This is an archived blog post from The Acorn.
It depends on two key factors: first, how fast the protests become a mass movement involving people in their millions, rather than in their thousands; and second, how long it can remain non-violent. Monks and their supporters are unlikely to be able to carry on a struggle that is both long-drawn and non-violent. So the junta can just wait it out, respond to non-violence with ‘non-violent’ intimidation, until the whole thing fizzles out. Without external help, the prospect of a fizzle is real.
Update: The junta has begun cracking down. It has begun shooting monks.
External actors—excluding China—have no real levers. And as Chandra asked, how seriously can we expect China to ask the junta to introduce democracy. So Chinese advice will only be limited to telling the junta not to exacerbate the situation by spilling blood. That’s similar to the reaction of ASEAN’s secretary-general. Thailand, which might once have taken a bold position on democracy, is currently under military rule. So you won’t hear much from the Thais either.India’s UPA government—in crisis-mode and with talk of elections next year—is likely to adopt a similar approach. No, the Indian navy won’t be conducting exercises off Myanmar’s shores. (See: Myanmar, Murli and Morality) The same goes for the US Pacific Fleet.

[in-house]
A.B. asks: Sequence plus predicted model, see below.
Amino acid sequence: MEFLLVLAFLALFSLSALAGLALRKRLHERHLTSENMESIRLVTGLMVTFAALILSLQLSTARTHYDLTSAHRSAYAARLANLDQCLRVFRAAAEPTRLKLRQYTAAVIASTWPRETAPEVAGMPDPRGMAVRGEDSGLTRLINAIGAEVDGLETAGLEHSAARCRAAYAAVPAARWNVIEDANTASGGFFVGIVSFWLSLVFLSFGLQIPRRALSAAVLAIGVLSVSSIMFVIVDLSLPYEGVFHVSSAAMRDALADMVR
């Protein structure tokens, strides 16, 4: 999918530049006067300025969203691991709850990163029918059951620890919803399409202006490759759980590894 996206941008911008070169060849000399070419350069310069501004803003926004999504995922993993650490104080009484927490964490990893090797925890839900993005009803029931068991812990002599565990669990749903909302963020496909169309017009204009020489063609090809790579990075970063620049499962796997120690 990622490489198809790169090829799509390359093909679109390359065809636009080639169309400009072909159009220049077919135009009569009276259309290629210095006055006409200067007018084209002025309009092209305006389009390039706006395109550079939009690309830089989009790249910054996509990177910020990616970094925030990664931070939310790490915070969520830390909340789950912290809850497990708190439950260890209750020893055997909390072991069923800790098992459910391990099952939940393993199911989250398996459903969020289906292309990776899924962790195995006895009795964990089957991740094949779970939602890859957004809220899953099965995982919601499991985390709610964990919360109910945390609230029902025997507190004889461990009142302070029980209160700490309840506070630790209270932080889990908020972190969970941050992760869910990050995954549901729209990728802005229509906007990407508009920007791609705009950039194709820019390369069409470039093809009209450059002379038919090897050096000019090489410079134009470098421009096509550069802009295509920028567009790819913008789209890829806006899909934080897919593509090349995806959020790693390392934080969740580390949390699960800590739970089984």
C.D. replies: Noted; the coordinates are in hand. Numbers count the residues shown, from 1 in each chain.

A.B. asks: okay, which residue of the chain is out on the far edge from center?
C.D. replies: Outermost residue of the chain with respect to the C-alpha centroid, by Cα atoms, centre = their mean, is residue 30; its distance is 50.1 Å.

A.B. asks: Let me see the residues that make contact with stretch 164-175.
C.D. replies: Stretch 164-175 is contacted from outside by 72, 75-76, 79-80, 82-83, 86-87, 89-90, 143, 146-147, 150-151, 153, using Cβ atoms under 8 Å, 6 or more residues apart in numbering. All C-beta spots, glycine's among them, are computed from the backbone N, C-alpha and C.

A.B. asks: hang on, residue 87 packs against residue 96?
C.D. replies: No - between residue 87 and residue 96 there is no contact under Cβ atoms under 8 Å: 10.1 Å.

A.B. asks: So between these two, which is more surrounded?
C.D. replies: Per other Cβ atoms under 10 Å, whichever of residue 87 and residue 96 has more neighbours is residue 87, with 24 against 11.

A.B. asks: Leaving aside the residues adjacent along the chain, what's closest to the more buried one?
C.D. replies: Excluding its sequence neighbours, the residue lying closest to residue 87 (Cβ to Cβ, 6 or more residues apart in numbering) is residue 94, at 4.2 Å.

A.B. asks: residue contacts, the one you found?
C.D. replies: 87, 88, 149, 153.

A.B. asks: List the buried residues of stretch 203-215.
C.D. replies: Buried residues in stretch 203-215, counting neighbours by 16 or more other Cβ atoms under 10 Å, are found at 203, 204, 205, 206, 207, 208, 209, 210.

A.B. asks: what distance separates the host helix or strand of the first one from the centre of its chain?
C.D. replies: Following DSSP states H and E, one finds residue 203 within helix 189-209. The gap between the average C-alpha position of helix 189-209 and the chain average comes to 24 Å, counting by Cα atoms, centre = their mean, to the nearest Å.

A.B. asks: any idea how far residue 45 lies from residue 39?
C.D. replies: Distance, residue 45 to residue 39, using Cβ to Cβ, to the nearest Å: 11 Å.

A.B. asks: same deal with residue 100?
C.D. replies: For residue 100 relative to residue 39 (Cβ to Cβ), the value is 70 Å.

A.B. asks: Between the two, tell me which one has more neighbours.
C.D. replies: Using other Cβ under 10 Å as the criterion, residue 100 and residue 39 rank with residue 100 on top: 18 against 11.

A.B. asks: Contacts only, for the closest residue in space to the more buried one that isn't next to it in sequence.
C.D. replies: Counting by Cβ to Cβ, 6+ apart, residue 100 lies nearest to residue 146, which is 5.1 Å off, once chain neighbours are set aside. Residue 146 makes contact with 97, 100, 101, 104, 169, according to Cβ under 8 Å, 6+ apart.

So, the reading: high chance of a long-drawn fizzle, with some fireworks close to the Beijing Olympics if the West manages to find ways to support the protest movement. A small chance of a bloody crackdown, but if it does occur, it will be sooner than later. The junta’s internal dynamic is unknown. Senior General Than Shwe is supposedly ill, and perhaps weakened after the fiasco of his daughter’s ostentatious wedding. There are serious rifts in it for sure—Gen Khin Nyunt, then prime minister, was airbrushed two years ago—but a possible palace coup won’t change the larger picture.
Thanks to Anand Krishnamoorthi for asking the right questions over email
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